Jack Geisler

In a July 31 front-page, feature article (“Hydropower project floated near Bowman”), The Bulletin describes and illustrates the workings of a technology used at many sites around the globe and referred to in the article as “Pumped Hydro Storage” (PHS).

The idea is pumping water from a main reservoir (in this instance, the Prineville Reservoir) to a smaller reservoir situated nearby at a higher level. The water, thus stored, can be released at any time to drive a hydroelectric power generator.

The article also reports that a federal energy commission has granted a preliminary permit to Prineville Energy Storage, LLC, an affiliate of Boise, Idaho-based Gridflex Energy, to gauge the feasibility of building a 40-foot dam and reservoir immediately west of the Prineville Reservoir. Presumably, this will become the new PHS device.

As I understand it, a PHS device or its equivalent is an essential adjunct of primary power-generating facilities such as wind farms and solar-panel arrays that need output stored for later distribution. But this article, confined such as it is to the consideration of an entity (the Bowman Dam at the Prineville Reservoir) that has no primary power-generating capability at all, seems to stand in advocacy of PHS technology as a means of operating a stand-alone power plant. What is the primary generating facility that pumps the water to the upper reservoir? One can only assume from this article that, in the case of the PHS device proposed for installation at the Bowman Dam, it will come off the regional power grid.

If that is the case, the article fails to address an important point: You do not get out of a PHS device the power that you put into it. What are the numbers here? To cite a source reputable in business circles, The Economist put the typical efficiency at 70 to 75 percent in an online article (“Packing Some Power,” March 3, 2012, www.economist.com/node/21548495.) In other words, the primary generating facility must provide a surplus of 25 to 30 percent of the power distributed to the consumer in order to run the PHS storage device.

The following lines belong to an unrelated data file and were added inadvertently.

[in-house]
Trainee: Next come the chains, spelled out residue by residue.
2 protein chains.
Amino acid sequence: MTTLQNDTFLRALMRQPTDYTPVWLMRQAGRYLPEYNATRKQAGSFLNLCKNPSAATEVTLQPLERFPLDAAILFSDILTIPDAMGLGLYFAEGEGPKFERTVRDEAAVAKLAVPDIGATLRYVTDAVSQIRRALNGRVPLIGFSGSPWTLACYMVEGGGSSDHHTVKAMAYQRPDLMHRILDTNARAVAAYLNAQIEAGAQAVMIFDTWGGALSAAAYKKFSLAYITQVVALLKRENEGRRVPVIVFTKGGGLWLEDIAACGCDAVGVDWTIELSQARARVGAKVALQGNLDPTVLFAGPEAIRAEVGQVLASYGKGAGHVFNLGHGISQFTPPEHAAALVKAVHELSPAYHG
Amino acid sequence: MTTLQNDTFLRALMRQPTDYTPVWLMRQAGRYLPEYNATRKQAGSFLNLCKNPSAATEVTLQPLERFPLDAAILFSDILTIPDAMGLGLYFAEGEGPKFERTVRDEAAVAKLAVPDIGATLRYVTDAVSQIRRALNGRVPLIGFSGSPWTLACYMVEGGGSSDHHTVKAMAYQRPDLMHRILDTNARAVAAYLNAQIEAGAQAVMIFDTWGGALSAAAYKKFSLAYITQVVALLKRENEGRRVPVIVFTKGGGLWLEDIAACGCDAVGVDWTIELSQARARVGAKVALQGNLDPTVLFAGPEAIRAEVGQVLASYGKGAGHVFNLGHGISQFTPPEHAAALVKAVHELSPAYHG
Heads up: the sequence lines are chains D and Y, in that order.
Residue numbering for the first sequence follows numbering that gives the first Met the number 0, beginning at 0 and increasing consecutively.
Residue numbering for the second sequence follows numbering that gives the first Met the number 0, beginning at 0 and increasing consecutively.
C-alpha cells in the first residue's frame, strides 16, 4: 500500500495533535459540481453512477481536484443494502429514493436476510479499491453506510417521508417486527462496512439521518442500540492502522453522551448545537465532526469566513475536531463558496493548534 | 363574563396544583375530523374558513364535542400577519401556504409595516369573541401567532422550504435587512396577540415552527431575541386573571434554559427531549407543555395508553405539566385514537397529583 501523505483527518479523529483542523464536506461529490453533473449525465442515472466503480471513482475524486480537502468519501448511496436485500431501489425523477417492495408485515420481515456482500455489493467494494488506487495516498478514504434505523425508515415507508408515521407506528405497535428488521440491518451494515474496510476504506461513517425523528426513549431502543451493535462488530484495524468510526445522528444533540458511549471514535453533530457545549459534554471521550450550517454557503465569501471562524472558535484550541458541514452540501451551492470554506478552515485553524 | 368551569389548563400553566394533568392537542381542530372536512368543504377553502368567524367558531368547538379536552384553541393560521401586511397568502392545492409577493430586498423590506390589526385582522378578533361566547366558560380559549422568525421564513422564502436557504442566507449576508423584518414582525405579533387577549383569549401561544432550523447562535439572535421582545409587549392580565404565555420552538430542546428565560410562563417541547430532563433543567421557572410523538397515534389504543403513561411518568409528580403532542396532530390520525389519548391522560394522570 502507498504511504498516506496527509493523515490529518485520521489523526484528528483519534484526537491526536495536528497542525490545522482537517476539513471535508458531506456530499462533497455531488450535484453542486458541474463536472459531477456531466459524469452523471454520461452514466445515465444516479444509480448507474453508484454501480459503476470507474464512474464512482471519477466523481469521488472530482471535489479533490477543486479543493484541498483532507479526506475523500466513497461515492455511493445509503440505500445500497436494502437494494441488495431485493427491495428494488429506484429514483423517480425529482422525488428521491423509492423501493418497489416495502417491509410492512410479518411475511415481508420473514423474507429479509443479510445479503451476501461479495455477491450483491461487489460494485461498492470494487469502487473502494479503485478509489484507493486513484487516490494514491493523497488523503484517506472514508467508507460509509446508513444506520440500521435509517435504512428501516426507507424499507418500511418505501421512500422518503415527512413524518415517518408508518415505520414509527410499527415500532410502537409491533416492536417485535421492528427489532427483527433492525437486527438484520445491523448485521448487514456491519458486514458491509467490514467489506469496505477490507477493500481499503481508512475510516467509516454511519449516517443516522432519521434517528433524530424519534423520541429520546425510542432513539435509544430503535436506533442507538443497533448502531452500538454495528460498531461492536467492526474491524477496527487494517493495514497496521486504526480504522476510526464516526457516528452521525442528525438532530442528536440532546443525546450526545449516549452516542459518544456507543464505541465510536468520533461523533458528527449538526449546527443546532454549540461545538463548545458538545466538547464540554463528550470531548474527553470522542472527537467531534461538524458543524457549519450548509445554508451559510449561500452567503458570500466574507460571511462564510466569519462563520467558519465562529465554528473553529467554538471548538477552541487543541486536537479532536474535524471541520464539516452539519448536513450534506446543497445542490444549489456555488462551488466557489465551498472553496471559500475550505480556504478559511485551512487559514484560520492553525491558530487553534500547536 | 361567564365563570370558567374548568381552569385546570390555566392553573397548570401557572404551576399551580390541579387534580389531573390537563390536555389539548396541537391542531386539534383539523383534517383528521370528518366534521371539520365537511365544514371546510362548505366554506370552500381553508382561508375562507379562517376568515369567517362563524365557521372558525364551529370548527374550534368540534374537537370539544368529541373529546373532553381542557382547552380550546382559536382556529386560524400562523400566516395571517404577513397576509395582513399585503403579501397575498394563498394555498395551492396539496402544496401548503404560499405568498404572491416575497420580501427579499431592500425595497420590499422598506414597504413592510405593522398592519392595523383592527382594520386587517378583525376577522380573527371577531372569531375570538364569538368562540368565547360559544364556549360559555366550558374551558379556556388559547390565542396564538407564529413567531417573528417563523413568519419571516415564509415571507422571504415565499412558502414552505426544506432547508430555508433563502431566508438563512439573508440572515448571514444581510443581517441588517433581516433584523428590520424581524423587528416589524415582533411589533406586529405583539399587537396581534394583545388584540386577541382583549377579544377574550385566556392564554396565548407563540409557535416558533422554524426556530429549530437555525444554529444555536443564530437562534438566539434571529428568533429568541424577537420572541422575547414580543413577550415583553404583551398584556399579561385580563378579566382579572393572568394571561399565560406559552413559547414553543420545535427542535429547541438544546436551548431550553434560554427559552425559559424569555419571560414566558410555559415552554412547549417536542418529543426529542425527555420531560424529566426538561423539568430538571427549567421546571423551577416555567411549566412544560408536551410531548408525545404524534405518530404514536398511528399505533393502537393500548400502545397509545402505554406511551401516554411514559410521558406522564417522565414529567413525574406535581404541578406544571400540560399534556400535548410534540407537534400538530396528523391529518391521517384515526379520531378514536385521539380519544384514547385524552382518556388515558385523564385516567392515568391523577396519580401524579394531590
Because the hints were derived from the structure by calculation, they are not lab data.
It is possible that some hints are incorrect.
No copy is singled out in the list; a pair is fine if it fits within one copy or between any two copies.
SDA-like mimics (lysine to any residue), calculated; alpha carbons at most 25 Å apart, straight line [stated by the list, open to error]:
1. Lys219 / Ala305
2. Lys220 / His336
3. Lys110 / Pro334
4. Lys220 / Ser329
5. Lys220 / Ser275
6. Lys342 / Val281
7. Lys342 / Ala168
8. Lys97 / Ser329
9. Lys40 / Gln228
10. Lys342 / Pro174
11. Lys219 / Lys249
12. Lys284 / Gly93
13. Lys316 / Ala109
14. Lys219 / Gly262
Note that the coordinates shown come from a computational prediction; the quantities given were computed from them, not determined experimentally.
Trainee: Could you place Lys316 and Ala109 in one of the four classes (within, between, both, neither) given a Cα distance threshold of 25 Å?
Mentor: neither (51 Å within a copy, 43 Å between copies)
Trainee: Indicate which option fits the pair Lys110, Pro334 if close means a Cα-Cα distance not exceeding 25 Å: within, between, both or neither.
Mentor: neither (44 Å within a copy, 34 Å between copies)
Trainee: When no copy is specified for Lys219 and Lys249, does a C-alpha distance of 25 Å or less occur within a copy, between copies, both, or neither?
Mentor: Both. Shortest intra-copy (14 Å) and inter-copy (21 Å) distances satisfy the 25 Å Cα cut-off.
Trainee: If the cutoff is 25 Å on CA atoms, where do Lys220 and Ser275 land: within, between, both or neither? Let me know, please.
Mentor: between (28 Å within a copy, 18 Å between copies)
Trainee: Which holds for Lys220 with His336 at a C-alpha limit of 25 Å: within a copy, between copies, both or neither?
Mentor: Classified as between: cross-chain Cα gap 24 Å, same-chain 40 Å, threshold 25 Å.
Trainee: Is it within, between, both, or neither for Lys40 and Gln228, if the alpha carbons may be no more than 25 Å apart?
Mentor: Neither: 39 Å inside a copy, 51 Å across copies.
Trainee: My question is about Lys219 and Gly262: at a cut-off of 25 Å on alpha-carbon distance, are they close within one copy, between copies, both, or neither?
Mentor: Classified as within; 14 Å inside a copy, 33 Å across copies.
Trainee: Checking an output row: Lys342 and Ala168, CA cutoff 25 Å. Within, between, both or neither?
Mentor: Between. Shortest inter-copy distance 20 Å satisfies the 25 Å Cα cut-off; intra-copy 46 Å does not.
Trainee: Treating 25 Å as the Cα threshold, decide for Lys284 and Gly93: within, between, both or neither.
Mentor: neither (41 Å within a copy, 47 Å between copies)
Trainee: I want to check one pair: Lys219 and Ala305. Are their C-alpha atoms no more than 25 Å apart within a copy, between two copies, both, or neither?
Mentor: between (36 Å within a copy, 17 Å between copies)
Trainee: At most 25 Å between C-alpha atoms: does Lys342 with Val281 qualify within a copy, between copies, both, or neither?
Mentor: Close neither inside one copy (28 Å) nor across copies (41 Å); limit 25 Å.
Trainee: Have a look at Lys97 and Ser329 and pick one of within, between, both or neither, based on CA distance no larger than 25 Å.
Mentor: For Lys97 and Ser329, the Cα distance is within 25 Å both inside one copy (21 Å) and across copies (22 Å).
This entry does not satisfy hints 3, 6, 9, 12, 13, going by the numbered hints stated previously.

If the primary generating facility is a “clean” one (wind, solar power), then no carbon dioxide gets emitted into the global atmosphere. The consumer (or some government incentive) must still pick up the 25 to 30 percent overhead, but that’s the cost of “going green.” However, if the PHS is storing power whose primary generation is from the burning of fossil fuels, then we have a 25 to 30 percent increase of emitted carbon dioxide per unit of power distributed, which is quite the antithesis of the “green” technology sought today.

The question is: Who would want to use a PHS device as a stand-alone power plant, anyway? I can think of one reason: Buy power off the grid to top up the reservoir in off-peak hours, and then release that water during peak hours to produce power through the hydroelectric generator of the PHS device.

Such a buy-low, sell-high scheme could generate profit for the operating company. The consumer, who presumably gets passed the bill for the 25 to 30 percent efficiency loss of generating power in this way, doesn’t benefit. Neither does the global atmosphere that receives the extra 25 to 30 percent carbon dioxide from the coal or oil-fired plants that generate the primary power on the grid that will run this proposed stand-alone PHS device.